• Depending on your firmware choice, everything mostly “just works” out of the box. Many CFWs come pre-configured with the best settings for each emulator
  • Most distributions contain PortMaster which is a fantastic tool that helps to install old (and some new) linux/PC games that are playable on the RG353


  • No touchscreen support
  • Performance on PSP, N64, NDS is not as good as Android

A note about custom firmwares (CFWs)

The RG353 comes pre-installed with a stock Android and Linux operating system (exepct for VS which is Linux only). Both of these stock operating systems aren’t terrible and so if you aren’t techie and would rather just pick up your device out of the packaging and start playing, you can use the software already installed and skip down to the next section.

If however, you’d like to have the latest and greatest updates available for your emulators and want an improved experience then you should consider installing a CFW.

You can see my guide on installing a custom firmware here: Installing Custom Firmware (CFW) on the RG353

The great thing about Anbernic devices is that they generally have good support from the development community and as a result there have been a number of custom firmwares developed which can improve on the stock OS that comes pre-installed on your device. Most of these firmwares will provide better emulation performance especially on the more difficult systems you can emulate on the RG353.

Android Firmware for the RG353

Currently there are only two firmwares available for the Android OS on the RG353: Stock OS (Android 11) and Black Seraph’s Android OS.

Android Stock OS

The stock OS comes pre-installed with a number of emulators already for all of the major systems that the RG353 can emulate as well as a few that it can’t.

The stock OS has a built-in game launcher that attempts to make the experience more like a console. This launcher can be accessed by pulling down the shade by swiping from the top, then clicking on the Anbernic logo (looks like an R)

This OS does not come pre-installed with Google Play store so you’ll either have to sideload your apps, use a third-party app like the Aurora Store, or follow a walkthrough on installing the Google Play store onto the device.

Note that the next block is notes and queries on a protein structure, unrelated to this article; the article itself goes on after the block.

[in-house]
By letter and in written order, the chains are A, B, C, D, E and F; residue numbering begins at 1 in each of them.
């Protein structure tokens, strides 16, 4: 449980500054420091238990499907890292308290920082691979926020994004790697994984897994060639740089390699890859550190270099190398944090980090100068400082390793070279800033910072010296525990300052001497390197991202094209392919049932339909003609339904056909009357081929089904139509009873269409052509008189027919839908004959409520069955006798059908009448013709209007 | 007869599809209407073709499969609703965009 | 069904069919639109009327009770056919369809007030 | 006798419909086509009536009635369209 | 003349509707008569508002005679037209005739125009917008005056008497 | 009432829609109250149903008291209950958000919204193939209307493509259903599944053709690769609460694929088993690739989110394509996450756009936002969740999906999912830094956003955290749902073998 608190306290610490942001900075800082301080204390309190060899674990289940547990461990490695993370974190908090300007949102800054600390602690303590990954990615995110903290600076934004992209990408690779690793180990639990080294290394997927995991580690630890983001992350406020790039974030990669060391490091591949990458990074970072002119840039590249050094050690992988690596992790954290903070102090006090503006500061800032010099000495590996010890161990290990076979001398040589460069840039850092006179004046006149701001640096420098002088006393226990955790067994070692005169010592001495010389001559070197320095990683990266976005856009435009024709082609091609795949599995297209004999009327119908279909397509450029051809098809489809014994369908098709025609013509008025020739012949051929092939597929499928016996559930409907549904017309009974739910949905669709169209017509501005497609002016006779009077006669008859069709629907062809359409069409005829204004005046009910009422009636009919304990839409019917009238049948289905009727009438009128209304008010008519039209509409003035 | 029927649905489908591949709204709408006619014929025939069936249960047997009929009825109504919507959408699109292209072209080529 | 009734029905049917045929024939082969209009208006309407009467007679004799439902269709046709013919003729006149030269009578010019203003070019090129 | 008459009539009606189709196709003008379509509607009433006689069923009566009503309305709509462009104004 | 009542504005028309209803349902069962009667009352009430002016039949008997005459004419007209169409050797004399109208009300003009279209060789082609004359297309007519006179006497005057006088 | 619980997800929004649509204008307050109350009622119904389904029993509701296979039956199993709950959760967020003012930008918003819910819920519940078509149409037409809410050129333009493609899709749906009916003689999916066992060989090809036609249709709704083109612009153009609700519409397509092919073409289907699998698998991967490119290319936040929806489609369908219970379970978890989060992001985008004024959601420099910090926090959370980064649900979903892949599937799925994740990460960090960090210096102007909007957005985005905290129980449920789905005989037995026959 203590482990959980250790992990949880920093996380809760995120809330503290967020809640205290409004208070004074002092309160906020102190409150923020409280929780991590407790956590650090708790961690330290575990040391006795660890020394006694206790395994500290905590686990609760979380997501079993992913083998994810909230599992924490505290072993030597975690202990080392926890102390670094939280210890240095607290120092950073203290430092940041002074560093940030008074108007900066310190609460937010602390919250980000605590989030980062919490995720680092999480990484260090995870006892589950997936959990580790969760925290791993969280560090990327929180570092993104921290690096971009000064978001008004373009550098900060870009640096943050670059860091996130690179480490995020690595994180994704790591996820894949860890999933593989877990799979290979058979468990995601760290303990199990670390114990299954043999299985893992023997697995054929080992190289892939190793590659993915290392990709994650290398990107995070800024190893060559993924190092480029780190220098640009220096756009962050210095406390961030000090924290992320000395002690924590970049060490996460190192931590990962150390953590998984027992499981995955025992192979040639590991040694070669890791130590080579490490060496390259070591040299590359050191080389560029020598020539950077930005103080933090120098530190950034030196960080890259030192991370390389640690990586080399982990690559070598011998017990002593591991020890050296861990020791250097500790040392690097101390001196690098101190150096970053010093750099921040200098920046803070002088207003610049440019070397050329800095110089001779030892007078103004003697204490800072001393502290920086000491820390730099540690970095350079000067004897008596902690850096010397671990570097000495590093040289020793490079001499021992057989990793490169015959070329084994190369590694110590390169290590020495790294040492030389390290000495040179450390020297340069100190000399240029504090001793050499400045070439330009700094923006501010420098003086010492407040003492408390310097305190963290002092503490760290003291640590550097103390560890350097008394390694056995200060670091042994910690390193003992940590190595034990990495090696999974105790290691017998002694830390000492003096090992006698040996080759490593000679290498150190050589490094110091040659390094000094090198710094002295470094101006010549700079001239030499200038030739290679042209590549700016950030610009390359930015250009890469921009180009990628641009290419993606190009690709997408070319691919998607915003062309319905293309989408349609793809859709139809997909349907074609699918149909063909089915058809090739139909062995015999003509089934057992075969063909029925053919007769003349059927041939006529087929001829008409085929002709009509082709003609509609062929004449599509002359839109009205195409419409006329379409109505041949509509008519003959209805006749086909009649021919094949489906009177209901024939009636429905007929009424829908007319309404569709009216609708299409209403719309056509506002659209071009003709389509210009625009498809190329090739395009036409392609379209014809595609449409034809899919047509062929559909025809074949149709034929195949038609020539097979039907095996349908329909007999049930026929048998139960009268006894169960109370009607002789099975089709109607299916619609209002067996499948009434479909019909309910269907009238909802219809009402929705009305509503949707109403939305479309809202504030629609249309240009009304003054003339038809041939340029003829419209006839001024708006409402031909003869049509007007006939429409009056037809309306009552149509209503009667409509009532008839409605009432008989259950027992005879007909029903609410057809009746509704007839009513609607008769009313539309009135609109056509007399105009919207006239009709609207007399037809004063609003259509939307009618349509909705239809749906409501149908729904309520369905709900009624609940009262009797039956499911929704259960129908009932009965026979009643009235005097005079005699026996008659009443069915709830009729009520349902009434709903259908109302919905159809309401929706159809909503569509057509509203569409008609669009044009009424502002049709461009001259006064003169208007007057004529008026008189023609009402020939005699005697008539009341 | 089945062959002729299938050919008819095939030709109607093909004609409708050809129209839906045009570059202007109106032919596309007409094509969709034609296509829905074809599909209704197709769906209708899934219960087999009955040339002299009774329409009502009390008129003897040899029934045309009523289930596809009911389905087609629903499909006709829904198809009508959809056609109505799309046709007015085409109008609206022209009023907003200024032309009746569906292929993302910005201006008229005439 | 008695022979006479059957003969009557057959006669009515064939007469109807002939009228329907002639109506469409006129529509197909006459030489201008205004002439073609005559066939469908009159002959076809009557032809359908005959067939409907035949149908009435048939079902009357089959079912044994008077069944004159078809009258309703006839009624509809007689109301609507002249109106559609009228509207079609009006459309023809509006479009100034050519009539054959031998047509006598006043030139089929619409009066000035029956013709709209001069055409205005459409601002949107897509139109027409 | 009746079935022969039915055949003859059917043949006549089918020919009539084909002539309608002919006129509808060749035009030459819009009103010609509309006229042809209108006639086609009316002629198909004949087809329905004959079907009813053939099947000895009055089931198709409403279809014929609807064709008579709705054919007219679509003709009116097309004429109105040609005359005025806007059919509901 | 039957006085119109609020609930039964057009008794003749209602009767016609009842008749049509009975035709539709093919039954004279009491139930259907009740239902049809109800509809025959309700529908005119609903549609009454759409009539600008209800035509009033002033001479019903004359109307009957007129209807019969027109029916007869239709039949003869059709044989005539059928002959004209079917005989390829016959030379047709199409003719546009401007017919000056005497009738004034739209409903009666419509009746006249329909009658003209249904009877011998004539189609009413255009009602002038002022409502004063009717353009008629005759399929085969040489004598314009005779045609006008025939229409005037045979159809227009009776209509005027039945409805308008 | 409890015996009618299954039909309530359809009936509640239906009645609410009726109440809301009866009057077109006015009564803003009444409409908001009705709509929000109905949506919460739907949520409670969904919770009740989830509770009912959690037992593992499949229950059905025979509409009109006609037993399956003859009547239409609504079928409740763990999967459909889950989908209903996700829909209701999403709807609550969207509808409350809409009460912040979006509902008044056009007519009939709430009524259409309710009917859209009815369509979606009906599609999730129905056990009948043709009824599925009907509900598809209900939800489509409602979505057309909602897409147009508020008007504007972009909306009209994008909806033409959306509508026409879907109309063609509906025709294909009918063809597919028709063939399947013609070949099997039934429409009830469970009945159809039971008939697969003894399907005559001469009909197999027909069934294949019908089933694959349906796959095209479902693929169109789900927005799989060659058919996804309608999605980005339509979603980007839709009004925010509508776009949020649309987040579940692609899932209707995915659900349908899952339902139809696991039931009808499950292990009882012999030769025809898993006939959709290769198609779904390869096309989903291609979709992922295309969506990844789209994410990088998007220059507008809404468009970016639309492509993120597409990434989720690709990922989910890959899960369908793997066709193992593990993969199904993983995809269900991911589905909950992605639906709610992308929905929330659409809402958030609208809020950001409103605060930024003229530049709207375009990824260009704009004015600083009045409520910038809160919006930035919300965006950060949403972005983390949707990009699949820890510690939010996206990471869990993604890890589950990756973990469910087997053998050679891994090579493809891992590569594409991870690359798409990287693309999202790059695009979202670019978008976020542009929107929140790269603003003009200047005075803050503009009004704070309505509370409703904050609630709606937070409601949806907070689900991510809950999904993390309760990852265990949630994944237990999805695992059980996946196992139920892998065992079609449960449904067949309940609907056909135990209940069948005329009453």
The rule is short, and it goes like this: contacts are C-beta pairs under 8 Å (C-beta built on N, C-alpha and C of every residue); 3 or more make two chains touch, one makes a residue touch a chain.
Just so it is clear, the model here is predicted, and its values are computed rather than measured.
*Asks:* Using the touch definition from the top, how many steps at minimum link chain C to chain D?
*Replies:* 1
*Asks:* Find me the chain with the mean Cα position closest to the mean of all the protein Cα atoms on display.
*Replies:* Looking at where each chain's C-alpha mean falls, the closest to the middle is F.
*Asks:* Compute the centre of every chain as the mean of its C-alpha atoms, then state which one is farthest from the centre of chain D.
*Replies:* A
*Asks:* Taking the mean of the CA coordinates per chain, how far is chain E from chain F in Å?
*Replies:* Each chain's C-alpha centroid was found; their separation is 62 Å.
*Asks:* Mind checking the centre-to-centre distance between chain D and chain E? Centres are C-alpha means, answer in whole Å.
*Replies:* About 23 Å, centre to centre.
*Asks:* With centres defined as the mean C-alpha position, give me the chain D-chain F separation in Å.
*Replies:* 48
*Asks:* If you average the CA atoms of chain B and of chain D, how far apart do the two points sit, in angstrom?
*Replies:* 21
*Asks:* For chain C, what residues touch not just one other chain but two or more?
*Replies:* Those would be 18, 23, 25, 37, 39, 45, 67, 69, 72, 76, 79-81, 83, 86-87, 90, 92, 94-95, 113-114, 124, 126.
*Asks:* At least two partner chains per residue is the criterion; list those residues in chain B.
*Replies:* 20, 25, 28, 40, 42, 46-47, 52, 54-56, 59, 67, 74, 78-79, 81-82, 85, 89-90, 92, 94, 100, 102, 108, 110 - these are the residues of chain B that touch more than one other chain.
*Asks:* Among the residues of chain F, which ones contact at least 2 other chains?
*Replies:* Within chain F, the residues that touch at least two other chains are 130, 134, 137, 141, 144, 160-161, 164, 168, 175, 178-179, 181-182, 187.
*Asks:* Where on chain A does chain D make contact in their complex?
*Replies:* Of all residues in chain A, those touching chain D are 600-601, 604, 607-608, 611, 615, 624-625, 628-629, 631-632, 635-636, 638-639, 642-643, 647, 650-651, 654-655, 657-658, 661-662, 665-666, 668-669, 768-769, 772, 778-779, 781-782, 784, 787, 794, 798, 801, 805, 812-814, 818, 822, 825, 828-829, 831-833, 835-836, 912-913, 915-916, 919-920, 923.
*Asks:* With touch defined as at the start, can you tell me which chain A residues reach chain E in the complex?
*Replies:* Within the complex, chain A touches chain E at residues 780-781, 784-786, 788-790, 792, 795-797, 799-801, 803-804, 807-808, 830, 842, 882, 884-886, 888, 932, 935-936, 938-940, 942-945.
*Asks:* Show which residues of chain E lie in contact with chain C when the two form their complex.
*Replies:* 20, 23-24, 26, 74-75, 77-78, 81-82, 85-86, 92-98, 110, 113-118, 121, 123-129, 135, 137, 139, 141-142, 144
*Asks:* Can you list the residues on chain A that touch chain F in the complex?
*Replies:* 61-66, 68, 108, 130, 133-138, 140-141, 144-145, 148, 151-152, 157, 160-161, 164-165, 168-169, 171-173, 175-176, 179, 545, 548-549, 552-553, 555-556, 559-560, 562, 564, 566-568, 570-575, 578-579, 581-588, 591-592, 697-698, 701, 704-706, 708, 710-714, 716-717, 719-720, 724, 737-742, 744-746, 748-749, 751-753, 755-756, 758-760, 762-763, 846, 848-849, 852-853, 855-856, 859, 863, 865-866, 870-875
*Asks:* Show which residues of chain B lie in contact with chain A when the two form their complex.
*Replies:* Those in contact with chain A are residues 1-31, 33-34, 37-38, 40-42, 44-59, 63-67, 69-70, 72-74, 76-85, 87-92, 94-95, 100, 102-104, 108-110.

Since this is just a standard Android OS, you can also install your own launchers like Daijisho, Launchbox, or Dig which make the Android experience much better than the stock launcher provided by Anbernic.

You can get the latest image of the Android OS from https://win.anbernic.com/download/252.html

Black Seraph’s Android OS

Black Seraph’s Android OS is a lightweight distribution of Android 11 with nothing pre-installed. This CFW also costs some money in the form of a patreon subscription which can be cancelled after the first month once you’ve downloaded the files you need. You can find the image for Black Seraph’s Android OS from their site after subscribing here https://linktr.ee/blackseraph

Similar to the Stock OS, this OS does not come pre-installed with the Google Playstore so you’ll need to either sideload your apps or go through a third-party software like the Aurora Store.

Important: Black Seraph’s Android build only works with V1 screens. If you’ve purchased an RG353 made since Feb 2023, it’s likely that you have a V2 screen and attempting to install this will soft brick your device.

RG353 GammaOS

GammaOS is a brand new Android OS for the dual boot capable devices (V,M,P). This Android OS is based on a stripped down version of LineageOS. It also comes in two different install packages: Lite and Full.

The Lite version of GammaOS offers just the bare bones Android but with the Daijisho frontend already installed as the default launcher.

Be sure to check out my Daijisho setup guide for more tips and tricks on using the Daijisho Android frontend.

The Full version of GammaOS comes with the Google Play Store and Google Play Services. This is the only Android firmware for the RG353 devices that has the Google Play Store built in so that you don’t have to do some workarounds to add it. Keep in mind that the Play Store does have some overhead and will slow down the system a little which will impact performance on harder to emulate systems like PSP.